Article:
Signs that you need to slow down your yoga asana practice

4 min read

It’s hard to deny the popularity of fast-paced styles styles like Power Vinyasa and Hot/Heated flows. These flow styles really challenge your body. You feel amazing, detoxed, and covered in sweat, but also re-energized.

I love a quick yoga practice. It’s a great way to challenge your body while getting a good workout. A strict Bikram practice actually sparked my love for yoga.

Although the more challenging, faster styles initially attracted my Type A personality and former triathlete to yoga asanas, the subtler benefits kept me returning to the mat. I enjoy the feeling I get after a vigorous class. But I prefer a slower-paced, more intense class because it allows me to reconnect my mind and body.

It’s not that one way of doing yoga is “right” and another is “wrong,” but it’s worth taking a closer look at how you practice your asanas to see if there’s a way to benefit by slowing them down – even a little.

Here are five signs that you may need to slow down:

You forget to breathe when you do Upward Facing Dog… or any other pose, for that matter!

Often, in a power Vinyasa class that is fast-paced, the transition between Chaturunga and Upward Facing Dog does not seem to be possible. The idea of a “flow” is to move from one pose to the next. However, you should not rush through these two poses.

These are simply different poses. This is a simple, tangible example. However, it’s important to remember to breathe and move in sync with your breath. Concentrate on matching your movements with your breath. Make sure that your Upward Facing Dog also lasts five seconds.

Slow down and move in rhythm with your breath. Connect your mind to your body.

Your practice may be doing more harm than benefit.

When we move through asanas too quickly, alignment can be compromised. It’s important to pay attention to the teacher’s cues for alignment, even if you have done Warrior II 1000 times. Our joints are not always able to tell us when they need attention. They may only give in after several months of practice with a bad alignment. Slow down and avoid injury.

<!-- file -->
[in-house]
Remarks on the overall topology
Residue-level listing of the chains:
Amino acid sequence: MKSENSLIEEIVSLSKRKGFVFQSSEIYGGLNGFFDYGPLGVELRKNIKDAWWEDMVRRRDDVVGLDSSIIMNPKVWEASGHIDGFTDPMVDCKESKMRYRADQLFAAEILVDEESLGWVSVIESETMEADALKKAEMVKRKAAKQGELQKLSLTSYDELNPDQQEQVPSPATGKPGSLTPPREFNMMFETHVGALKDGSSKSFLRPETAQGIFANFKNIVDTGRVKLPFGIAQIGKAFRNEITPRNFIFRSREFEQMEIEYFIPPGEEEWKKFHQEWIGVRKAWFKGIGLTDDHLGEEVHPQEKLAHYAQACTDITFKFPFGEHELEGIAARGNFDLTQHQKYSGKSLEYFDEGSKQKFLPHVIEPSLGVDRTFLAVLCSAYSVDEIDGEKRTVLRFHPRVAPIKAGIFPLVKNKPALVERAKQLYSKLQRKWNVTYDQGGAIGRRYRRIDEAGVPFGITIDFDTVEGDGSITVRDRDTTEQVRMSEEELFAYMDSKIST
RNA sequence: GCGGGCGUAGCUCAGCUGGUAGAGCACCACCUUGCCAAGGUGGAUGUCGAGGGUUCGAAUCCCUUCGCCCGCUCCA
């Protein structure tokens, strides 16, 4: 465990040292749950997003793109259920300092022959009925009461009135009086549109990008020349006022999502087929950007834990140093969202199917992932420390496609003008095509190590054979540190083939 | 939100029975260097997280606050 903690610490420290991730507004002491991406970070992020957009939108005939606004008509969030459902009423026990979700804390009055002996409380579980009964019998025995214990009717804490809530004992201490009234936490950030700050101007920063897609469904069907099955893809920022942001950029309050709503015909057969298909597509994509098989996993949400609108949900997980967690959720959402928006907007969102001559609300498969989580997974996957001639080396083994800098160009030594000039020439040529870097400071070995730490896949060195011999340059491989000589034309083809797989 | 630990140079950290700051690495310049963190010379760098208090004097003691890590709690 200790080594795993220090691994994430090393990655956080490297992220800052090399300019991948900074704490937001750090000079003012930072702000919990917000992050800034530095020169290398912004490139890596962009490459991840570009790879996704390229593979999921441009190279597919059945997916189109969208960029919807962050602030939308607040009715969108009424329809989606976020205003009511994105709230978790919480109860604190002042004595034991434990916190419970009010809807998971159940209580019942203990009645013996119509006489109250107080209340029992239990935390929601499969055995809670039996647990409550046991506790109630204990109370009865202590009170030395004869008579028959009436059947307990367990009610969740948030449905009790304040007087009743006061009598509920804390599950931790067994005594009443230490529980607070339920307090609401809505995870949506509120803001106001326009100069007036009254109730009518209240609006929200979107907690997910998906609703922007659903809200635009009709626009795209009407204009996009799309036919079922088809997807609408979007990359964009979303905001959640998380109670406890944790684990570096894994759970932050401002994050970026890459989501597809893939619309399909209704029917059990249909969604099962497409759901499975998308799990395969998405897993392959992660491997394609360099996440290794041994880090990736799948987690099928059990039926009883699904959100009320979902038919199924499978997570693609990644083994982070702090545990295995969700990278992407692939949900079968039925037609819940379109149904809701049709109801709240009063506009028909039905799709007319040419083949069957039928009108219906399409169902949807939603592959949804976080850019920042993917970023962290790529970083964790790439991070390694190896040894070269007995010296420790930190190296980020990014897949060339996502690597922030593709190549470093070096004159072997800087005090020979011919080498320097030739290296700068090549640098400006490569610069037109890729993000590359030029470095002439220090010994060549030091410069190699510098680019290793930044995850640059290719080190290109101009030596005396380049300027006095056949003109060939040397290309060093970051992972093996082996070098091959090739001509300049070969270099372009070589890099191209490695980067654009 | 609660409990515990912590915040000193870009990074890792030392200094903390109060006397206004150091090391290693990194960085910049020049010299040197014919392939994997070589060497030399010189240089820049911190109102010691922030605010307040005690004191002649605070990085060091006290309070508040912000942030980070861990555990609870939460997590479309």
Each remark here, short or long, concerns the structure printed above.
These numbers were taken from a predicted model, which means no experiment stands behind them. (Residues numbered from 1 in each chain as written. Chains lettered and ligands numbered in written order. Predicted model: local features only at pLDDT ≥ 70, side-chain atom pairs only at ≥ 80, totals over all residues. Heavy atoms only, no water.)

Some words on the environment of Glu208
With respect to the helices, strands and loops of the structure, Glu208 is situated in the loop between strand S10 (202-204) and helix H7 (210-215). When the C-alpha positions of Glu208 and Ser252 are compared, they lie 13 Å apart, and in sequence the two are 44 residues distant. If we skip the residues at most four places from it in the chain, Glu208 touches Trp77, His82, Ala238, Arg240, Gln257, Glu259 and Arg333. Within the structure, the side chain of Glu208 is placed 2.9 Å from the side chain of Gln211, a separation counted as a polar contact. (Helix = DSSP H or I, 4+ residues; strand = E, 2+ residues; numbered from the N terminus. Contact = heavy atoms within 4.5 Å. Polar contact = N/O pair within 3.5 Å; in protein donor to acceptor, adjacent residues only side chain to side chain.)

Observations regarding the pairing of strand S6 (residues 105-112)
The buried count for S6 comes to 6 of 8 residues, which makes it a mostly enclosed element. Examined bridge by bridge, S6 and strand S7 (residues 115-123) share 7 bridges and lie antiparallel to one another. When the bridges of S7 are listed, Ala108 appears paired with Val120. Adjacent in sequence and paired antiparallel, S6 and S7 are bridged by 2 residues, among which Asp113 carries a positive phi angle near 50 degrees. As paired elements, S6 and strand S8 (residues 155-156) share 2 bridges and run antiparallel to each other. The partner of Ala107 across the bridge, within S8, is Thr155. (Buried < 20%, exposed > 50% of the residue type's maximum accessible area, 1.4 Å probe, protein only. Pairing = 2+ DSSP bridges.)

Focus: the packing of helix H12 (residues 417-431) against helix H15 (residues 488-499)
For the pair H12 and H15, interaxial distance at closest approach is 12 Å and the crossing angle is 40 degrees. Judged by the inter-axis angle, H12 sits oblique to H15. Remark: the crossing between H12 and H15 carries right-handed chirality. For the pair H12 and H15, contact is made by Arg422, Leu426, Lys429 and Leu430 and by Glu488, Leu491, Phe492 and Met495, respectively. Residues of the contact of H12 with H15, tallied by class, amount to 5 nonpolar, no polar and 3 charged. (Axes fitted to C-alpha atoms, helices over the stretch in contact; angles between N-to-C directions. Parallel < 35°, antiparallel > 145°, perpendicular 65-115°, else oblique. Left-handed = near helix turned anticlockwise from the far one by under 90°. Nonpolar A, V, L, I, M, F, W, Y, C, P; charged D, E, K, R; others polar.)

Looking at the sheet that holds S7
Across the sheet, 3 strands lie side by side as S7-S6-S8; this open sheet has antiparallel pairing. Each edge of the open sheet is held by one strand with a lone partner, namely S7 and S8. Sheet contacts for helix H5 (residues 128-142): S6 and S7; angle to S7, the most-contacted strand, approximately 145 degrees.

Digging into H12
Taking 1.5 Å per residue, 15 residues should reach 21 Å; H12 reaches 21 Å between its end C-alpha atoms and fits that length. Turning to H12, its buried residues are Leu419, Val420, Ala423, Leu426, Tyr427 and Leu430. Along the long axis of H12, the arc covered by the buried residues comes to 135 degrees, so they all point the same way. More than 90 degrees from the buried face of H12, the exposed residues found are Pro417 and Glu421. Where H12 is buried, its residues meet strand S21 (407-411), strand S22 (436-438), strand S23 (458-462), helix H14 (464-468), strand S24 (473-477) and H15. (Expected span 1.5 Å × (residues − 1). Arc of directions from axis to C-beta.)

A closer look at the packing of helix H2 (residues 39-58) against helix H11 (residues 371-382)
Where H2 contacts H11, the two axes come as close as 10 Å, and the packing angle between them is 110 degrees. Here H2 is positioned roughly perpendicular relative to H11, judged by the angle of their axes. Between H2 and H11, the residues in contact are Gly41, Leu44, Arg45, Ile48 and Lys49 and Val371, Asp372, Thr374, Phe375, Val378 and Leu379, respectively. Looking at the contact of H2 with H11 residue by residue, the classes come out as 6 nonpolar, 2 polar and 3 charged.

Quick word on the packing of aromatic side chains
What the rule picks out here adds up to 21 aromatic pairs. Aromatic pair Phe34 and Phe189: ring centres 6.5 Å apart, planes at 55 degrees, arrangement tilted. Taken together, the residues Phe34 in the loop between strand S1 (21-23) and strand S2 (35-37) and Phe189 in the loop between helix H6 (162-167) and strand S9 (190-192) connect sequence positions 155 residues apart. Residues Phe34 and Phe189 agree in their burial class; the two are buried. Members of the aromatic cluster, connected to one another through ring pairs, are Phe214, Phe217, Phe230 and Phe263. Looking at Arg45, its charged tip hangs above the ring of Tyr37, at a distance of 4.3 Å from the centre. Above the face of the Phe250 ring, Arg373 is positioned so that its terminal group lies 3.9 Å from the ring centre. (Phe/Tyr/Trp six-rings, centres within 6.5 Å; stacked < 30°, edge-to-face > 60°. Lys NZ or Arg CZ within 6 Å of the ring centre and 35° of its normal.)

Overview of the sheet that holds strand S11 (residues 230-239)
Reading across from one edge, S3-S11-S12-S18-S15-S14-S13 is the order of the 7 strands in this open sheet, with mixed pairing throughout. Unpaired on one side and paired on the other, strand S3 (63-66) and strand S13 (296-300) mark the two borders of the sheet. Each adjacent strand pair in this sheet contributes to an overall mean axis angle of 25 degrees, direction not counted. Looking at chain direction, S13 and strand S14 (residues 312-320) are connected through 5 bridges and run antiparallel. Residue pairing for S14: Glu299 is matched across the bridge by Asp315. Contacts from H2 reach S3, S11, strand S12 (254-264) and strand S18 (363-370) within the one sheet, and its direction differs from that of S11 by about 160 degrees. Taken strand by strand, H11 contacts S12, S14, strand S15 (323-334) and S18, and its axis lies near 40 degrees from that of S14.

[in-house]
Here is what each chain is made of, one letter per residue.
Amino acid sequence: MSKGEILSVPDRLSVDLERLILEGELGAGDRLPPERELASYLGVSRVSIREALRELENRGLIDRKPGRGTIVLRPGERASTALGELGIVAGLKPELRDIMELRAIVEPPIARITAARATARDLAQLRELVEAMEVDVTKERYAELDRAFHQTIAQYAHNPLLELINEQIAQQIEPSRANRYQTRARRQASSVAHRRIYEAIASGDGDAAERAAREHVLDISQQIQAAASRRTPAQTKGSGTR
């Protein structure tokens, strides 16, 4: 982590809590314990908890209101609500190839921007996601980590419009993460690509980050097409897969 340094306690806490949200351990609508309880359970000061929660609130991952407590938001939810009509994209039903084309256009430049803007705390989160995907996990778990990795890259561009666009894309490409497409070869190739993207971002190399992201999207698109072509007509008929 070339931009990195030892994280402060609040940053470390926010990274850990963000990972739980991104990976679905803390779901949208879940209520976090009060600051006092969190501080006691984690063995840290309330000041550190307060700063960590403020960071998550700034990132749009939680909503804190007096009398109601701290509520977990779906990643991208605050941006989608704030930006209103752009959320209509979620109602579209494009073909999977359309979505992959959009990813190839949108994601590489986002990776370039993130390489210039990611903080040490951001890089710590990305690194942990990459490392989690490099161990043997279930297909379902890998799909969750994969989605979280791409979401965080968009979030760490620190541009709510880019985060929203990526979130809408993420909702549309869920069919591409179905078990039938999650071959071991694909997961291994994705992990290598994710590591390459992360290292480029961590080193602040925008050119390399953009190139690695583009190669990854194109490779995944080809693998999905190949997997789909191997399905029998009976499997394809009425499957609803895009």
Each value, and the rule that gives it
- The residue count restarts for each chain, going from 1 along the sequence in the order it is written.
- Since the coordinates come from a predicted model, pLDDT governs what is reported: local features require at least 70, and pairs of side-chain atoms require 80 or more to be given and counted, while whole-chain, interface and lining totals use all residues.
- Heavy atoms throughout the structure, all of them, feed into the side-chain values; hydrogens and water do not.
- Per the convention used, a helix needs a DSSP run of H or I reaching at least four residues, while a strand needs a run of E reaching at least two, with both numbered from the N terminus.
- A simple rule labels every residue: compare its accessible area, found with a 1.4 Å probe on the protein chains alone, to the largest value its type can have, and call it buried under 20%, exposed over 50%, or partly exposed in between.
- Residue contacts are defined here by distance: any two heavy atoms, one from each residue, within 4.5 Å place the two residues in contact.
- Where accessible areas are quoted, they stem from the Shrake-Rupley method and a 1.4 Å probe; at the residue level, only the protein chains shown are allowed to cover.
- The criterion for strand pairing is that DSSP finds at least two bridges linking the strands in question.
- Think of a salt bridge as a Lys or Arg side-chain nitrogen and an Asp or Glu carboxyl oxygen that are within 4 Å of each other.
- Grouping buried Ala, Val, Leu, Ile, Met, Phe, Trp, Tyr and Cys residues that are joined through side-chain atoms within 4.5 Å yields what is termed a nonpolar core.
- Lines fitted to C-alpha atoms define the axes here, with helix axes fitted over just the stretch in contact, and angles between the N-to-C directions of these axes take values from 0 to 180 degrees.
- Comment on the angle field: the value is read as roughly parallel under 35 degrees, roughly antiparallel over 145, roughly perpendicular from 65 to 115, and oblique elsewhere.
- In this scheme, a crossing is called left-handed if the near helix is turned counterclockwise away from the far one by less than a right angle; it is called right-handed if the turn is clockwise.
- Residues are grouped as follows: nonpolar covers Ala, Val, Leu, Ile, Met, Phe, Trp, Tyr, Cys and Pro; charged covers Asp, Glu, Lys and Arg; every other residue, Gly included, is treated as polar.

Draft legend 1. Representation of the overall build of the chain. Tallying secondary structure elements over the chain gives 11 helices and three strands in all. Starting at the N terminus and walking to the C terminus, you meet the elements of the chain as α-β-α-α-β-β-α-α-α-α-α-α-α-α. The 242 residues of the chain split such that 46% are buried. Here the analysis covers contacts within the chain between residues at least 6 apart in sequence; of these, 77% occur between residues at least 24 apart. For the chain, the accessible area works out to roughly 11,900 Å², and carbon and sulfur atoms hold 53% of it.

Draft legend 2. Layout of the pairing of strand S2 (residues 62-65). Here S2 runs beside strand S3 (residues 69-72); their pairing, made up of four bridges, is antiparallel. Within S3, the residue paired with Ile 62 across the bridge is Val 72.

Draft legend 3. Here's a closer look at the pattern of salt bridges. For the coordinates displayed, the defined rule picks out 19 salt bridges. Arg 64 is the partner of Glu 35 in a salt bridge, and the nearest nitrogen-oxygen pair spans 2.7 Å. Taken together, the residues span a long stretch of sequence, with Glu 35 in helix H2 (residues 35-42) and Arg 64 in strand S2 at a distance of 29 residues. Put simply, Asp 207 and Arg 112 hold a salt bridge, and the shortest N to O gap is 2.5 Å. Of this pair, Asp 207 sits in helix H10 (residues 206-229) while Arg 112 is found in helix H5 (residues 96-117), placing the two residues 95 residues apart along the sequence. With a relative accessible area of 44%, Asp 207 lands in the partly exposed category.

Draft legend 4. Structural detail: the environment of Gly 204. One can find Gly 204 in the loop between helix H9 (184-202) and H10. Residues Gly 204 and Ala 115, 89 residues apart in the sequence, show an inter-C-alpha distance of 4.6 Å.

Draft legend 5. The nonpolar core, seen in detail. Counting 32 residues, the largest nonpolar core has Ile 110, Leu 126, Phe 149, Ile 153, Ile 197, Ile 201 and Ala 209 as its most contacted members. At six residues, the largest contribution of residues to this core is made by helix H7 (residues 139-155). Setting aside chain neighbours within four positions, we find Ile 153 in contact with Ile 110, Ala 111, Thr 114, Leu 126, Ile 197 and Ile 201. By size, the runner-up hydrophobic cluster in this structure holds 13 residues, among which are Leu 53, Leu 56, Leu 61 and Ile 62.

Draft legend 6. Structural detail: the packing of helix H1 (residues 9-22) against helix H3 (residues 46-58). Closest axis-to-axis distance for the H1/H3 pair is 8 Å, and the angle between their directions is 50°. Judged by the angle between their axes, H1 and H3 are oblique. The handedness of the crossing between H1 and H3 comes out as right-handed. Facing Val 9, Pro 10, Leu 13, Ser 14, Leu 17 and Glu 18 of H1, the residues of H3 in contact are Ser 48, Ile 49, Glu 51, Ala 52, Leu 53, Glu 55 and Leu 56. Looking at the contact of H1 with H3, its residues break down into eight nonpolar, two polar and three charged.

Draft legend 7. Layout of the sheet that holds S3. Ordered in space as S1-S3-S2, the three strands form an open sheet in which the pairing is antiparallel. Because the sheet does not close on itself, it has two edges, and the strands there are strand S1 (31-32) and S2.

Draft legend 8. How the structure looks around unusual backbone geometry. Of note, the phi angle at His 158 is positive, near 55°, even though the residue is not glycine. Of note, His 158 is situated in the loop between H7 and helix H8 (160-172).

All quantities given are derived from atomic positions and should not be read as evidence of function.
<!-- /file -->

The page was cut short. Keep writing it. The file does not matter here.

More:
You’re out of sync or ahead of the teacher.

You may be a Bikram fanatic and know every word and sequence like the backs of your hands. You may be familiar with the sequences of your teacher and know what to expect next.

Take note if you begin to move out of sync with the teacher’s instructions. You can practice living in the present by moving with the dialog (rather than before it). To live in the moment, slow down.

The asana is the destination and not the journey.

It’s a wonderful feeling to reach the next level of a pose or its expression. It’s easy to focus on the next level after a lot of hard work and dedication to your practice.

Slowing down your yoga practice will help you notice subtle changes in the body, even if you are an experienced yogi. Each day will bring a new challenge or sensation. You will see even the smallest change in your asana. Slow down and focus more on the journey than the destination.

Slow down your life by practicing slowing down on the floor.

A lot of yogis will tell you that the mat is a great place to start practicing the things that you’d like to incorporate into your daily life. On the mat, you can learn to have compassion for yourself, others, and even your environment. Then, take this compassion into your daily life.

On the mat, you can learn to love yourself and not judge others. You can also carry this into your daily life. Stress and the busyness of life can have a negative impact on our mental and emotional health. This is a pervasive problem that can affect every aspect of your life, including the time you spend in the studio. Slow down on your yoga mat when you’re stressed and busy in the real world.

Try holding poses for one or two more breaths, and you will notice a big difference on the mat and in your life.

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